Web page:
Are Supplements Killing You? The Problem With Vitamins, Minerals


In two recently published studies, researchers suggest that supplements can do more harm than good if taken in addition to a healthy diet


Most people understand that taking nutritional supplements that have unproven health effects is taking a gamble. Yet few realize that this may also be true for vitamin and mineral supplements.

Two recently published studies suggest that vitamin and mineral supplements can do more harm than good. One study uncovered a definite link between taking Vitamin E and an increased risk of prostate cancer. The other suggests the possibility that elderly women taking vitamin and mineral supplements were at a higher risk of early death, though the study's results are open to interpretation.

Taken together, both studies call into question the wisdom of taking vitamin and mineral supplements on top of a normal diet. It just might be too much of a good thing.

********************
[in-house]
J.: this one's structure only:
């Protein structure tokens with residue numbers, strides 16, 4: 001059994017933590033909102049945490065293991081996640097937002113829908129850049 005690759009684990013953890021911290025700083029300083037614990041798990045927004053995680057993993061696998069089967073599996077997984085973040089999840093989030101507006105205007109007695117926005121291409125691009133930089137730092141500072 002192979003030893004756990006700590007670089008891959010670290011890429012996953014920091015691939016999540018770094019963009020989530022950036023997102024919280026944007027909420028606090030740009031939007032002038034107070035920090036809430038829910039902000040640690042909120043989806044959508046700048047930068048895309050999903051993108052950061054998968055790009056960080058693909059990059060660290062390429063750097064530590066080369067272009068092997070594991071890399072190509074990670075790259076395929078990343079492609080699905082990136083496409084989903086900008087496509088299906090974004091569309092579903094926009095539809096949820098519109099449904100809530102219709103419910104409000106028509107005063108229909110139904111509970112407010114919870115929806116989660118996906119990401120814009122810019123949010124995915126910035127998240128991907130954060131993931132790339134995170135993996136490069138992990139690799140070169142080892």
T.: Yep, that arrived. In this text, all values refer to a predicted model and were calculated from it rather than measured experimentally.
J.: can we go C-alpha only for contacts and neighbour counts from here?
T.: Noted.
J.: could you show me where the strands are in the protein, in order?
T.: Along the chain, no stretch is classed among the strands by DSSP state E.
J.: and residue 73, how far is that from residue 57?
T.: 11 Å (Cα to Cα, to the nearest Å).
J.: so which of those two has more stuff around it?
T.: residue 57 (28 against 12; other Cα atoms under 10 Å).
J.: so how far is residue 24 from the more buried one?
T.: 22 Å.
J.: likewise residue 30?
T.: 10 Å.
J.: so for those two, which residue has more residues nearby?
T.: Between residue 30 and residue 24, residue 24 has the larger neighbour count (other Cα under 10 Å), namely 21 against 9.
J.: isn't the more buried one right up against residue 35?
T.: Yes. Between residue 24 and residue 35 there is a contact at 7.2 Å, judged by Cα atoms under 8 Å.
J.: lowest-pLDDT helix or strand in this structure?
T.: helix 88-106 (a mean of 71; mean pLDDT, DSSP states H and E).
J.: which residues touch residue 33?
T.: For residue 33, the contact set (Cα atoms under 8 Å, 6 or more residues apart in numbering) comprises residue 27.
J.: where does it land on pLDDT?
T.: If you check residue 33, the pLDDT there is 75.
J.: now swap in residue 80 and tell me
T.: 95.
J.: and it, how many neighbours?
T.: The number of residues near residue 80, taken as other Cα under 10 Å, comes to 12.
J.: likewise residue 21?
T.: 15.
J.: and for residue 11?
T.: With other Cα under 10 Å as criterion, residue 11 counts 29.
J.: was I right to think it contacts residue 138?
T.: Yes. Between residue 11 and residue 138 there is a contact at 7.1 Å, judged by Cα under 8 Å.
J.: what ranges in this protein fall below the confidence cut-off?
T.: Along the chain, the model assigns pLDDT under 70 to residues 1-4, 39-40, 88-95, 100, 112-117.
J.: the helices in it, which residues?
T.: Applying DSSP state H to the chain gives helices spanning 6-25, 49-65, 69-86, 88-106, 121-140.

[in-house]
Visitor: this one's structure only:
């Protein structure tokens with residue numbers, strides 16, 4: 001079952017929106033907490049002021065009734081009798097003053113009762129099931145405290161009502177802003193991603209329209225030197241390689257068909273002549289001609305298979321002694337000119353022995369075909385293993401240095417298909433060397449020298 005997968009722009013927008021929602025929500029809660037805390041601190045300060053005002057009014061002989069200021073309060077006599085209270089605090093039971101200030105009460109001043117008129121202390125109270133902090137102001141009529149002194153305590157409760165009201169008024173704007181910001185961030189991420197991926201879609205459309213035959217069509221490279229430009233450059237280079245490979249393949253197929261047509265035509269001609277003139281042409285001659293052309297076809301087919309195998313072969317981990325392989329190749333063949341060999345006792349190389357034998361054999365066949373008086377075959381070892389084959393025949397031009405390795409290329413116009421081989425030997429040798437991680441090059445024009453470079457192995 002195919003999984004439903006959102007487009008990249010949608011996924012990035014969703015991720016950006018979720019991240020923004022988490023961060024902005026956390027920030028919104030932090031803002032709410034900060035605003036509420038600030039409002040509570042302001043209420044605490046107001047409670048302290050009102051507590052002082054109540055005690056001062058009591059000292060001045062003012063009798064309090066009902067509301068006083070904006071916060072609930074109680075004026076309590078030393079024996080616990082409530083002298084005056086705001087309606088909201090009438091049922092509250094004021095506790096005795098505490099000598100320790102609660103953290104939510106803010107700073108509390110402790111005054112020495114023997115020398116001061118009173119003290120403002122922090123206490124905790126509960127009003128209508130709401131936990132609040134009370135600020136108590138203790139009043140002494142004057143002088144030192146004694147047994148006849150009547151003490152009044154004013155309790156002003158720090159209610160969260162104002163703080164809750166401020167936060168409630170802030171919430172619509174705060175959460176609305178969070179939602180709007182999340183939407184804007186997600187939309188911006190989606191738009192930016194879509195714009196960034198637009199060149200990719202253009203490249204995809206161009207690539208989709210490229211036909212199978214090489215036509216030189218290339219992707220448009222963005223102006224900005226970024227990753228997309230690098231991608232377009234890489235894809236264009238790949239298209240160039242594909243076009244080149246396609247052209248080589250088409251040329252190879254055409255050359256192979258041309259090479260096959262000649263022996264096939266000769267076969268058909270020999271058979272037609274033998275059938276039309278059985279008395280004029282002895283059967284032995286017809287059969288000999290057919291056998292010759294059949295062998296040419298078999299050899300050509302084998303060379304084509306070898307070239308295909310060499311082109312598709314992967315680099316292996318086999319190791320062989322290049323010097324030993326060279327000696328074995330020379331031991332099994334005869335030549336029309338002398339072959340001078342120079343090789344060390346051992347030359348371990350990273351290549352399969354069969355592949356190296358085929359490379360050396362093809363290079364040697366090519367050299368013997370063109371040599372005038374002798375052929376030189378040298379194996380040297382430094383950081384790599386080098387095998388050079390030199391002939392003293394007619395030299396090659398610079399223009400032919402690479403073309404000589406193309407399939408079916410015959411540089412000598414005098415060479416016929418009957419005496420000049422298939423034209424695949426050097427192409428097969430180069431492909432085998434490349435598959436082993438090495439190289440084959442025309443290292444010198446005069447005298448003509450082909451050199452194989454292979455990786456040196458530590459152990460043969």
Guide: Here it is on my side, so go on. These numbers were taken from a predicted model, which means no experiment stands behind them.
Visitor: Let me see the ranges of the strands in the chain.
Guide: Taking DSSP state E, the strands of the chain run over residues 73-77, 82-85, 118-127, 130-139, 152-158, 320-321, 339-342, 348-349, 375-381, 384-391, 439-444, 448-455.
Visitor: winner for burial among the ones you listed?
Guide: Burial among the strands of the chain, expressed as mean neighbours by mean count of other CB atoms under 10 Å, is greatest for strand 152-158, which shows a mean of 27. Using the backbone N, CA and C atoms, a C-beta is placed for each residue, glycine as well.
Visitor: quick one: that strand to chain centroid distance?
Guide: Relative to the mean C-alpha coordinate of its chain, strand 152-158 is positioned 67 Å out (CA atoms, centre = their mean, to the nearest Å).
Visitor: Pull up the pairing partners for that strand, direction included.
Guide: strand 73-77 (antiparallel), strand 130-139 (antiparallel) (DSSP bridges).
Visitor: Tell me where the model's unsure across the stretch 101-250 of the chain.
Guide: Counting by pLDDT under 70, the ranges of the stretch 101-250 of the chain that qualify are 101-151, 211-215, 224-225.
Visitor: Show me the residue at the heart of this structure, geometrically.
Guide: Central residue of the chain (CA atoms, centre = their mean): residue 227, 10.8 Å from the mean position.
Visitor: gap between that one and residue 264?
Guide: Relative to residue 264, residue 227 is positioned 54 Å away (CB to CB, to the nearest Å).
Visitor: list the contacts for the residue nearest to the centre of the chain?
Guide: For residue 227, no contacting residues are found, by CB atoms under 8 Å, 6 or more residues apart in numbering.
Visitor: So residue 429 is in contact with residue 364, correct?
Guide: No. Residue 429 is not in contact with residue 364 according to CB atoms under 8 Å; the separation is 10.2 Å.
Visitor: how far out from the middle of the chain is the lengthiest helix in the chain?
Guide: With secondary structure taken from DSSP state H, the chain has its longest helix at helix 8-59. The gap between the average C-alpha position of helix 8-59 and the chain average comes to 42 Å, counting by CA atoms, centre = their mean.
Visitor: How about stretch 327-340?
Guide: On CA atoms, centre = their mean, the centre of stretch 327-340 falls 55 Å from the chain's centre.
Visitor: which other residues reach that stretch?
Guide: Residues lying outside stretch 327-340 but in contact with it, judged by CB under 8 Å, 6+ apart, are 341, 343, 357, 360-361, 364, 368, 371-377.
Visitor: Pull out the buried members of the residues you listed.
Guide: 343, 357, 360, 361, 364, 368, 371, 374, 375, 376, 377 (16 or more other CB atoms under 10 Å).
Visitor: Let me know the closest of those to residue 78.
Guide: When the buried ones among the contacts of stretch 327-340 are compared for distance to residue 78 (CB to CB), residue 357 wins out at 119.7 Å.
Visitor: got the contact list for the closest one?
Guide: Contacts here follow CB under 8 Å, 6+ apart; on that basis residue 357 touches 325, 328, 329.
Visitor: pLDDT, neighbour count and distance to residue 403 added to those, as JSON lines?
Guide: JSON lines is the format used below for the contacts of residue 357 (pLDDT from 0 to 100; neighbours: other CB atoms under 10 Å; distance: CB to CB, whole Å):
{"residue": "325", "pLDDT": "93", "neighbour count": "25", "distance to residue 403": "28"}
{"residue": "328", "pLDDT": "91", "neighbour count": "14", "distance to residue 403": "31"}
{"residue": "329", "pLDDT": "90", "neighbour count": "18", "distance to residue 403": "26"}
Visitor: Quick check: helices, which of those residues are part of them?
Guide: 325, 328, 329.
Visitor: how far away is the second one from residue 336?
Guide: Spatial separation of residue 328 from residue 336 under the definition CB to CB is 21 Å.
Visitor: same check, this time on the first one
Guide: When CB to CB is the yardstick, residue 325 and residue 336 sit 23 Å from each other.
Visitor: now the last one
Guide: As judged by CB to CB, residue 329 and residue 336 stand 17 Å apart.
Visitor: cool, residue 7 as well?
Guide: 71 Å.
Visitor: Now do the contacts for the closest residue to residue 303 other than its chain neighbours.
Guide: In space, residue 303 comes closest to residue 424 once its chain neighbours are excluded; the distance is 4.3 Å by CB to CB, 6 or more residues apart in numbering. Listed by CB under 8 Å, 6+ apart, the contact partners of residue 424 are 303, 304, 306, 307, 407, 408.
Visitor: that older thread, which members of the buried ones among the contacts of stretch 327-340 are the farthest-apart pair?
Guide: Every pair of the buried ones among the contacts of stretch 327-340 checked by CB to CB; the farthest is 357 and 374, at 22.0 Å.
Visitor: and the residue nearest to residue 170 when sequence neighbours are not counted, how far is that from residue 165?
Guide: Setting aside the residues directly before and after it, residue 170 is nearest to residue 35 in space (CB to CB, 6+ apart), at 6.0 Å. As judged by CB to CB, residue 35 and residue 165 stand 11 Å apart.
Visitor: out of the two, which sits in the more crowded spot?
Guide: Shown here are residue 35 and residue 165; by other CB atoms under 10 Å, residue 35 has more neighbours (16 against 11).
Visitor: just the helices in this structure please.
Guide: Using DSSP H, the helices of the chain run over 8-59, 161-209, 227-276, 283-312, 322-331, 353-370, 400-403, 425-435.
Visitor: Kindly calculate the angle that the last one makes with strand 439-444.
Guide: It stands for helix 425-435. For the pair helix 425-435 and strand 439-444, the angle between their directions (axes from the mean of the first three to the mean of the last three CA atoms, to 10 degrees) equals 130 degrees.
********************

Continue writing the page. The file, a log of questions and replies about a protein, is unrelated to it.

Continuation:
Vitamins, minerals, and other micronutrients are needed in small amounts for good health. Without them, diseases such as scurvy will develop (Vitamin C). Some of the effects of vitamin and mineral deficiency have been known for hundreds of years and the amounts needed to prevent deficiency are given as the recommended daily allowance (RDA), formerly the minimum daily requirement.

The current consensus is that a proper diet provides all the micronutrients that most people need.

In recent times, supplementing the diet with vitamins and minerals has shifted from trying to prevent deficiencies to taking higher amounts of them in an effort to enhance health. Studies indicate that about half of all people in the U.S. in the year 2000 were taking at least one supplement. And while the effects of too little of a vitamin or mineral are well known, there's been little opportunity to study the effects of higher levels of these substances on health.